- Payment processor: These all-in-one businesses typically provide the merchant account, payment application, and payment gateway for merchants
As a small business owner, you likely fall under the merchant description. If you’re starting a payment processing company or services provider, then you qualify as both a merchant and the aforementioned service provider business. Figuring out the level to which you belong can seem complicated, but there’s a chart below that can help.
PCI Compliance Requirements
Many small business owners may not even know that they have to complete certain actions to be PCI-compliant. Your merchant service provider or payment processor provides you some PCI compliance, but there are still steps you must take.
You must determine to which PCI compliance level your business belongs.
|Level 1||Businesses processing 6 million+ annual Visa transactions|
|Level 2||Businesses processing 1 to 6 million annual Visa transactions|
|Level 3||Businesses processing 20K to 1 million annual Visa ecommerce transactions|
|Level 4||Businesses processing <20K annual Visa ecommerce transactions; businesses processing up to 1 million annual Visa transactions (non-ecommerce)|
PCI Compliance Self-assessment Questionnaire
All small- to medium-sized merchants (Level 4) accepting major credit cards must complete a self-assessment questionnaire (SAQ) for part of the PCI compliance requirements. You’ll have to refer to the chart to figure out which SAQ you must complete.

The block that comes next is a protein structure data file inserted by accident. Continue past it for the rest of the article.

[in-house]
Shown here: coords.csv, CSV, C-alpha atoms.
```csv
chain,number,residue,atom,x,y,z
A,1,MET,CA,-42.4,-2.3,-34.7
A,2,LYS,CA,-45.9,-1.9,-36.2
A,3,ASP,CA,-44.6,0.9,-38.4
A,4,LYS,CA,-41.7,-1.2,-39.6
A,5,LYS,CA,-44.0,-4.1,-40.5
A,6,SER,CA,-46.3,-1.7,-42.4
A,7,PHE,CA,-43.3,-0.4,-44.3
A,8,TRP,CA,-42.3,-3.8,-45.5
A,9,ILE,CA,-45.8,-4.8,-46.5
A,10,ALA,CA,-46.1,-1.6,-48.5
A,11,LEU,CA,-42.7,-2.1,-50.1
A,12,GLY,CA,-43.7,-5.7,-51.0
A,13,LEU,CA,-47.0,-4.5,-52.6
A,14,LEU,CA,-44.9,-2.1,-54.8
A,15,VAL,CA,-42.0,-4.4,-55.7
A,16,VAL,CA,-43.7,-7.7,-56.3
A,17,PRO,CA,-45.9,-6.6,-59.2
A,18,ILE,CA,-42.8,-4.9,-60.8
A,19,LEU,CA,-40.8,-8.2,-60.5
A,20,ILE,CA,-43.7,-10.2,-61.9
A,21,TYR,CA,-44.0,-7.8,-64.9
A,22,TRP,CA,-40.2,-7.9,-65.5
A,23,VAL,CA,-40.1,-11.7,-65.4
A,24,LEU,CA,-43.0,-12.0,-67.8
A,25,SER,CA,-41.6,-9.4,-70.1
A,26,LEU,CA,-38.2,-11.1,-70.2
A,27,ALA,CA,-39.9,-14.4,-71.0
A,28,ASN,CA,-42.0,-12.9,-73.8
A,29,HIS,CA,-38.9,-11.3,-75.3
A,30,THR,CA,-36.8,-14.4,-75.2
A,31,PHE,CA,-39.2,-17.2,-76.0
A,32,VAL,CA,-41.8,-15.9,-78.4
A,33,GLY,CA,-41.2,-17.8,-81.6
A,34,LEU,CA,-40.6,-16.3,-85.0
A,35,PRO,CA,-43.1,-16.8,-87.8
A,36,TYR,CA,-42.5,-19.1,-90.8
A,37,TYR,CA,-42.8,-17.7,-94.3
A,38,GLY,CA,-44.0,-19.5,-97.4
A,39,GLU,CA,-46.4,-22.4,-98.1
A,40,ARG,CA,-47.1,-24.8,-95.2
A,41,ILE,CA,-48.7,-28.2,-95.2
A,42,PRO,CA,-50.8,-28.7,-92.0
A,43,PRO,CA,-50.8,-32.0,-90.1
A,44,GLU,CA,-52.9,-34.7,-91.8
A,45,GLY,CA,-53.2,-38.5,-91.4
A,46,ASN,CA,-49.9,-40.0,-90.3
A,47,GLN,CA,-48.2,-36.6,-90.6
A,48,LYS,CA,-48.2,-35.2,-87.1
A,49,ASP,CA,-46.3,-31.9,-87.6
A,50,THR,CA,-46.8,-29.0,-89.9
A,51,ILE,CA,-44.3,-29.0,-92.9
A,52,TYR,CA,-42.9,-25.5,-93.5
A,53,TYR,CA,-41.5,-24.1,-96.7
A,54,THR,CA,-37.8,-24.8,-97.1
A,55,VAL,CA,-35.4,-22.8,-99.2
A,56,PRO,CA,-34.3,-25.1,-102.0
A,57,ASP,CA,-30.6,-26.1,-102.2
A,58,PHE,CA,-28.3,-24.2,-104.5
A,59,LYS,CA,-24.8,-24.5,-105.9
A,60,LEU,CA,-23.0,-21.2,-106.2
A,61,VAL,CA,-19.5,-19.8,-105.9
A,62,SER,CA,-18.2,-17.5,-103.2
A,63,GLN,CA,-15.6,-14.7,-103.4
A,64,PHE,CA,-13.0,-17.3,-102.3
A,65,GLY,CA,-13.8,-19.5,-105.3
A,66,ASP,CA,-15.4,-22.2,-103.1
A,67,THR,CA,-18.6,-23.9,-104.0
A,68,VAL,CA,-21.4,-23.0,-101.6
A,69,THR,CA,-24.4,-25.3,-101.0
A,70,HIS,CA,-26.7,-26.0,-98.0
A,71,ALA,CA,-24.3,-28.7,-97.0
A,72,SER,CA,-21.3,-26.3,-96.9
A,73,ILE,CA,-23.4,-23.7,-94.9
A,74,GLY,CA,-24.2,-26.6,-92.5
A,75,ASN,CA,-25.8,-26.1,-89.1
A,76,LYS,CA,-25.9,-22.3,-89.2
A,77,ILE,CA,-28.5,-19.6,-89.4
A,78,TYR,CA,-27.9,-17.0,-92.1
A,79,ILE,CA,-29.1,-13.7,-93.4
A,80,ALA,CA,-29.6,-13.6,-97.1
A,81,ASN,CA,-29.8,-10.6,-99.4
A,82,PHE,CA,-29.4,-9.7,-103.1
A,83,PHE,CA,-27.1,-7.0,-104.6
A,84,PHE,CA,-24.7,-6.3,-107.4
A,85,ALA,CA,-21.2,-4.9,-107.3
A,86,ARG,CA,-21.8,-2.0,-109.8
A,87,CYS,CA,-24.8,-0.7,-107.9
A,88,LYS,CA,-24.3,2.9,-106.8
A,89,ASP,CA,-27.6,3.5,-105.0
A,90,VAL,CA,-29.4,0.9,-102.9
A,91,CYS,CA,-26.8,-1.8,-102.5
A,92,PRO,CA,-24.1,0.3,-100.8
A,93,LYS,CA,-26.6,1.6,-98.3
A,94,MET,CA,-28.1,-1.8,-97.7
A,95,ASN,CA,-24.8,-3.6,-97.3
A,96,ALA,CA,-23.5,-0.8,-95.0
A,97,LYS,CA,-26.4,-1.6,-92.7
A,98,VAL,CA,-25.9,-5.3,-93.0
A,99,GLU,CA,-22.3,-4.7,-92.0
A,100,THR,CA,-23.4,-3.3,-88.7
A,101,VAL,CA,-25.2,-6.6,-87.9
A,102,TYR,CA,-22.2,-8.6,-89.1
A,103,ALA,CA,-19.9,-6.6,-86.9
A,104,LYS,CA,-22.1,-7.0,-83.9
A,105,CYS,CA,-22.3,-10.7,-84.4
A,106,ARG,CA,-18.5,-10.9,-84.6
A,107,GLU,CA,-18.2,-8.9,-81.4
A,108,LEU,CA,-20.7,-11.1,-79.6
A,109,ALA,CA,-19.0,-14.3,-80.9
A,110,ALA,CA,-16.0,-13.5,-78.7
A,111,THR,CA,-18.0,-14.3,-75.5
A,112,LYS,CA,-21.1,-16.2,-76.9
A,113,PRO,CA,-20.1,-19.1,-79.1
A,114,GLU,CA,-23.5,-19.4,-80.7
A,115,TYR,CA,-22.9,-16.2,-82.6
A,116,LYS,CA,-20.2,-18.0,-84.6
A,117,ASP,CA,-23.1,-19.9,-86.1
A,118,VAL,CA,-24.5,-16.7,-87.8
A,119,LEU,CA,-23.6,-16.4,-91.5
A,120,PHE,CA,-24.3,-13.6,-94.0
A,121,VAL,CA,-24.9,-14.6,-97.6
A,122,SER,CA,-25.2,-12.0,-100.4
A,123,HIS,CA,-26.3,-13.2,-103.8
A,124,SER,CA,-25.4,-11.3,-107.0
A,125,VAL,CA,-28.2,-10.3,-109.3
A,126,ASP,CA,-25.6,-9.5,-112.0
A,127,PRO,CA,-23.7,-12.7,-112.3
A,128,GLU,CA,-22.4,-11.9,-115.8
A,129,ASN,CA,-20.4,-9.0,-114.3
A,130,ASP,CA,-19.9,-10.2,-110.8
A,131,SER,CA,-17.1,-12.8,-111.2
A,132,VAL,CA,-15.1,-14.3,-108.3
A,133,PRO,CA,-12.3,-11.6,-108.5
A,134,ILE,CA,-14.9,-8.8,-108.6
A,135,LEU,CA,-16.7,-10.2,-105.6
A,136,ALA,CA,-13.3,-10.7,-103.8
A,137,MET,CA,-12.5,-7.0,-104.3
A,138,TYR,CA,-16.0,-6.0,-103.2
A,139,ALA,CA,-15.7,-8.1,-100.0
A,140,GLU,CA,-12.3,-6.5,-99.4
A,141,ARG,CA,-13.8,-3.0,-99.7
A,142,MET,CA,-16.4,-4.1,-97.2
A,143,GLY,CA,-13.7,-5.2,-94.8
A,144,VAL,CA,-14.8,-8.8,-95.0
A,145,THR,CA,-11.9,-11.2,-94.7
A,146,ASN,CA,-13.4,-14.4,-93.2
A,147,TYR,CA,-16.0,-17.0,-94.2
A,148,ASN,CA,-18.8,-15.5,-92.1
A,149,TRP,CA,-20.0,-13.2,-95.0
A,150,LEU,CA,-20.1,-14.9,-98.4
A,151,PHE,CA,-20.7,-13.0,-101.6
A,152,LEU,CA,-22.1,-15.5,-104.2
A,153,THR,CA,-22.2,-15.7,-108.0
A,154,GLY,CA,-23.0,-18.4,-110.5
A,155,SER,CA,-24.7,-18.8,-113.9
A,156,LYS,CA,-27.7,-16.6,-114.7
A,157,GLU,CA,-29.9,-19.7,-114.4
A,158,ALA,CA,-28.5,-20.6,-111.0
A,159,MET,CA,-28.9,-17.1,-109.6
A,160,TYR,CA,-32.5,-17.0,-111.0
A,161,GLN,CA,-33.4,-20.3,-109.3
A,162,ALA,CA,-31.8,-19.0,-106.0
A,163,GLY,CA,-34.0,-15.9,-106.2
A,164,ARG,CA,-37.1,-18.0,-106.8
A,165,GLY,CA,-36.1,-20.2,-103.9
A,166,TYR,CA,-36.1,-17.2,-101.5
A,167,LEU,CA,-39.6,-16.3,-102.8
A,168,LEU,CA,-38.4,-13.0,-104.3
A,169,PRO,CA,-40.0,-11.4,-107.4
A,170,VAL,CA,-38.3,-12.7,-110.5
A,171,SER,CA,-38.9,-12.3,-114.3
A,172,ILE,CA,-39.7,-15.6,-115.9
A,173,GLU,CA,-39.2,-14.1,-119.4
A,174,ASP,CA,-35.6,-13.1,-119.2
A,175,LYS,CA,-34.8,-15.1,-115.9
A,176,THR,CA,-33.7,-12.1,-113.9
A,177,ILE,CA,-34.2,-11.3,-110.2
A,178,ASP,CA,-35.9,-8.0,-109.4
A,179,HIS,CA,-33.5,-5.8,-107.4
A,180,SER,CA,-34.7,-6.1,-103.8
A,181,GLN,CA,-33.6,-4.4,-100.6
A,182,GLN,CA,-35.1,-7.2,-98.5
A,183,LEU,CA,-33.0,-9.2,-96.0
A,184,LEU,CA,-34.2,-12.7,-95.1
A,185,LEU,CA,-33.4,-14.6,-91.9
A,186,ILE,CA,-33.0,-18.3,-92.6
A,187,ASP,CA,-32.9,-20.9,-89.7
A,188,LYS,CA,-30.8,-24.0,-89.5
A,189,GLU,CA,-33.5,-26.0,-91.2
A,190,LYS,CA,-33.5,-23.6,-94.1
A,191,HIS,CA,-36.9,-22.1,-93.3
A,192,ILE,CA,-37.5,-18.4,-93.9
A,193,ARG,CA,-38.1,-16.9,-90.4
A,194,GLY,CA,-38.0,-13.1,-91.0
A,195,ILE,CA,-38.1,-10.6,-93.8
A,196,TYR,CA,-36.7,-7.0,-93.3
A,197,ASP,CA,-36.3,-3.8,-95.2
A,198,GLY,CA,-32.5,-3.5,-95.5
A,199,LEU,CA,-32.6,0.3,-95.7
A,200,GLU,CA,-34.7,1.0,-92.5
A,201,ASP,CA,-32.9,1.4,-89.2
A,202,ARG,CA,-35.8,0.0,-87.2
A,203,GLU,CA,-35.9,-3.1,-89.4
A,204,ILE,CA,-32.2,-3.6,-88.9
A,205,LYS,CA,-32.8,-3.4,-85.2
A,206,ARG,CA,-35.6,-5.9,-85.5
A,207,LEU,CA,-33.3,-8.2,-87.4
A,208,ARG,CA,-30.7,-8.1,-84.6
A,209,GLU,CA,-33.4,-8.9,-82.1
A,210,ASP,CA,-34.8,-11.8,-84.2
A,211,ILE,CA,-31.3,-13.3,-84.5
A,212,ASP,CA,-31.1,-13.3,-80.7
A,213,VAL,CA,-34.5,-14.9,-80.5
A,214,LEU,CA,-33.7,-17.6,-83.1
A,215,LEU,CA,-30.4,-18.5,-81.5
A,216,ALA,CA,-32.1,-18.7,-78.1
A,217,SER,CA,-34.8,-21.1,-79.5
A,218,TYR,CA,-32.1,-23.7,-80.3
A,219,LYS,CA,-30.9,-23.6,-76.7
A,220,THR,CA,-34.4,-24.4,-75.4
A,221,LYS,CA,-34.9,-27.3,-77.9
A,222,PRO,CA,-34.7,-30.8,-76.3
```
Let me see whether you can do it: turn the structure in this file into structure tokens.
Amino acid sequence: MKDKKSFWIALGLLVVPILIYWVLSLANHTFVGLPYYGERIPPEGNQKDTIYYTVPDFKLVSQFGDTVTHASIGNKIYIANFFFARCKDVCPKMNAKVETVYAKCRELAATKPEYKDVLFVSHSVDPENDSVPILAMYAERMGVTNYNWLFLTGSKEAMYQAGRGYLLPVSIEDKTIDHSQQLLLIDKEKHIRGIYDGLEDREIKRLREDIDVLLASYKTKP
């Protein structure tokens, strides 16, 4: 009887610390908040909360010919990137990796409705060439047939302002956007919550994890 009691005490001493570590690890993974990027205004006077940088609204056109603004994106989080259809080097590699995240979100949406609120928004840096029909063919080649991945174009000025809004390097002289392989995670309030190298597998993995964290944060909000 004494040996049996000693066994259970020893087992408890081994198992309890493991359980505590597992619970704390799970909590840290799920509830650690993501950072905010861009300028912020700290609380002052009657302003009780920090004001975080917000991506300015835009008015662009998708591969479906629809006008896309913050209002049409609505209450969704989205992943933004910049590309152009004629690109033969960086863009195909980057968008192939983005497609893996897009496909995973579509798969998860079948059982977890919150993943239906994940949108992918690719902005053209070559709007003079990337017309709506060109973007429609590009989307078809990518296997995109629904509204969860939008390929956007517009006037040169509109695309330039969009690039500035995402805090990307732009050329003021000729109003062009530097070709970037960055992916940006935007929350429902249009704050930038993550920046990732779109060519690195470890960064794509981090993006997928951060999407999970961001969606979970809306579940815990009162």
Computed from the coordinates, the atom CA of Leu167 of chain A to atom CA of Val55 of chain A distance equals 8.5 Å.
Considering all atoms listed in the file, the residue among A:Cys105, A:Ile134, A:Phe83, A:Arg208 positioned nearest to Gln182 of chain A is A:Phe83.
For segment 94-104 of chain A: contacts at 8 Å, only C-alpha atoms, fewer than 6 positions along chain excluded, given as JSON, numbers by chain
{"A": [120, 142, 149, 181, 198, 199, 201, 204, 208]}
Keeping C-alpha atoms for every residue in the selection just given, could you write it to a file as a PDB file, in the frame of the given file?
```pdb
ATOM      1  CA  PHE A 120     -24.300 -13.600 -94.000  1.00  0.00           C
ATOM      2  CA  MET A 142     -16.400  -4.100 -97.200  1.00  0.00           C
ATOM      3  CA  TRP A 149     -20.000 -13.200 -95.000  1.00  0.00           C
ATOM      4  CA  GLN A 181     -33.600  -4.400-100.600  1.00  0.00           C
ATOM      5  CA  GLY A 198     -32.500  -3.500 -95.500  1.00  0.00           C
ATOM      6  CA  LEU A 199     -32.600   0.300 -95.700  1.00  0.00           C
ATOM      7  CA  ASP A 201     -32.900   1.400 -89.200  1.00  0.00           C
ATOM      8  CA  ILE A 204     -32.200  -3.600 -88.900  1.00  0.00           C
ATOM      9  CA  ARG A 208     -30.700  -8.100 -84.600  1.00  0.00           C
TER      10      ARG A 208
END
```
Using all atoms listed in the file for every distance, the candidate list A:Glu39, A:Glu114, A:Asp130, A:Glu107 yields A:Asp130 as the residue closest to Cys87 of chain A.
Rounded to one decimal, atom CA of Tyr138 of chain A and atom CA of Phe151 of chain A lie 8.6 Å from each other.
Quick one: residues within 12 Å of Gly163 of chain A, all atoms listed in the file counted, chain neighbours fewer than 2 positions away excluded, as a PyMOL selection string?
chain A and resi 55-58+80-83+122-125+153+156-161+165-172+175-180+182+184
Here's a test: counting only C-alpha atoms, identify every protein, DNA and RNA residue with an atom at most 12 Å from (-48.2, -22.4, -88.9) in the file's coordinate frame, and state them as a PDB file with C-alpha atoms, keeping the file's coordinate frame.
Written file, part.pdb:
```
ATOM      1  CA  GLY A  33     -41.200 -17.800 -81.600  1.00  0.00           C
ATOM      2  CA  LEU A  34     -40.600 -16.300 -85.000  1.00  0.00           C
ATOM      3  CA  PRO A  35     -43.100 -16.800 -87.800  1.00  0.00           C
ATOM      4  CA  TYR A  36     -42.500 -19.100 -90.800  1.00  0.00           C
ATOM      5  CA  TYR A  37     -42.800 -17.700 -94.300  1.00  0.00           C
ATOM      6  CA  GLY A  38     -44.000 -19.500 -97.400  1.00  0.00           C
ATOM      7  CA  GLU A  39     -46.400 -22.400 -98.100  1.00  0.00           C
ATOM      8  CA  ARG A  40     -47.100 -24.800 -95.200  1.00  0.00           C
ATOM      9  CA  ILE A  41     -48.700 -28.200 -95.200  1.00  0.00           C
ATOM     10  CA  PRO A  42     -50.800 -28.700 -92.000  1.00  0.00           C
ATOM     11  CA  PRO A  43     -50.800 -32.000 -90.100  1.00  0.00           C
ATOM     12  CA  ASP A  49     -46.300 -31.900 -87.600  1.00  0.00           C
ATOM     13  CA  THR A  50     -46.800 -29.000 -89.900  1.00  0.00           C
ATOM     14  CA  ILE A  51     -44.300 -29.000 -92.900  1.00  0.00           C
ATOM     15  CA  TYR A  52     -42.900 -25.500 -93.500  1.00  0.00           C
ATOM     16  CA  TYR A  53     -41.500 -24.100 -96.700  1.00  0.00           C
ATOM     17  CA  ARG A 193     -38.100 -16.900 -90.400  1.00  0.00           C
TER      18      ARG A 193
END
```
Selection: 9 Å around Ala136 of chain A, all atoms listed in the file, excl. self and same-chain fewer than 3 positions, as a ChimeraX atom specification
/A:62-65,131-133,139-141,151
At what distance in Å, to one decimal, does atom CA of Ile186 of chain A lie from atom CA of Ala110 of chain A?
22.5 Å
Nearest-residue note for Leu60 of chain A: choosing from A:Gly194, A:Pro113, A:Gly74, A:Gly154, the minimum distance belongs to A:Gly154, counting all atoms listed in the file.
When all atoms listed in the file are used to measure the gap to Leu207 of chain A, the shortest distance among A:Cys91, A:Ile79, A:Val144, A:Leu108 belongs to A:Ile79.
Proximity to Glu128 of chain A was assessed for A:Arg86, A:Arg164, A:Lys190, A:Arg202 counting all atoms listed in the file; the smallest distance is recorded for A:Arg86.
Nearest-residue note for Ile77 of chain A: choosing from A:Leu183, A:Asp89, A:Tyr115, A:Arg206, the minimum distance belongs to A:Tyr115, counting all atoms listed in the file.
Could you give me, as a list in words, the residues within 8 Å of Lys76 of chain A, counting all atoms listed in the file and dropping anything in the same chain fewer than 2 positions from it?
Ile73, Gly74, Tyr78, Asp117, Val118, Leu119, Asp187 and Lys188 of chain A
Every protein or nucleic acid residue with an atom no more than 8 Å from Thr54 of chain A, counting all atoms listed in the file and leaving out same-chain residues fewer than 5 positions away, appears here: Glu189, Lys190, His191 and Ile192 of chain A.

You can also access the chart at the official PCI DSS website.
For example, if you run an online business, and you use Shopify as your payment gateway and processor, you would fill out the SAQ-A. A brick-and-mortar business that uses a POS system and terminal, such as with Lightspeed, would need to use the SAQ-C document. For manual entry with a virtual terminal, such as when you accept phone orders or invoices online, you are required to complete SAQ-C-VT.
Attestation of Compliance
The Attestation of Compliance (AoC) is a document in which you, if you’re self-auditing, or a qualified security assessor (QSA) declares your business’ level of compliance. The form should be completed, signed, and submitted along with the SAQ and the approved scanning vendor (ASV) scan results. Businesses are expected to submit an AoC annually.
The SAQ and AoC are where you’ll answer questions about PCI compliance requirements, which are as follows:
- Maintain firewall for business devices
- Change vendor-supplied passwords
- Encrypt transmissions of consumer data
- Use updated antivirus software
- Protect stored consumer data
- Restrict access to consumer data
- Maintain secure systems and apps
- Make cardholder data available only on a need-to-know basis
- Create unique ID for every person with business computer access
- Monitor access to network and consumer data
- Test data security regularly
- Maintain data security policy
When a merchant uses a third-party payment processor, most of these PCI compliance requirements are met. However, you still need to be aware of the regulations, and you must meet environmental PCI compliance, such as with firewalls, strong passwords, and restricting access to cardholder data.
Proving PCI Compliance With Vulnerability Scan
Depending on how you accept credit cards, you may have to pay for and schedule regular vulnerability scans with an ASV. An ASV is a third-party company that will conduct quarterly vulnerability scans to validate your PCI compliance. The ASV will determine whether you’re doing everything possible to safeguard consumer credit card and contact information.
What Is an ASV Validating?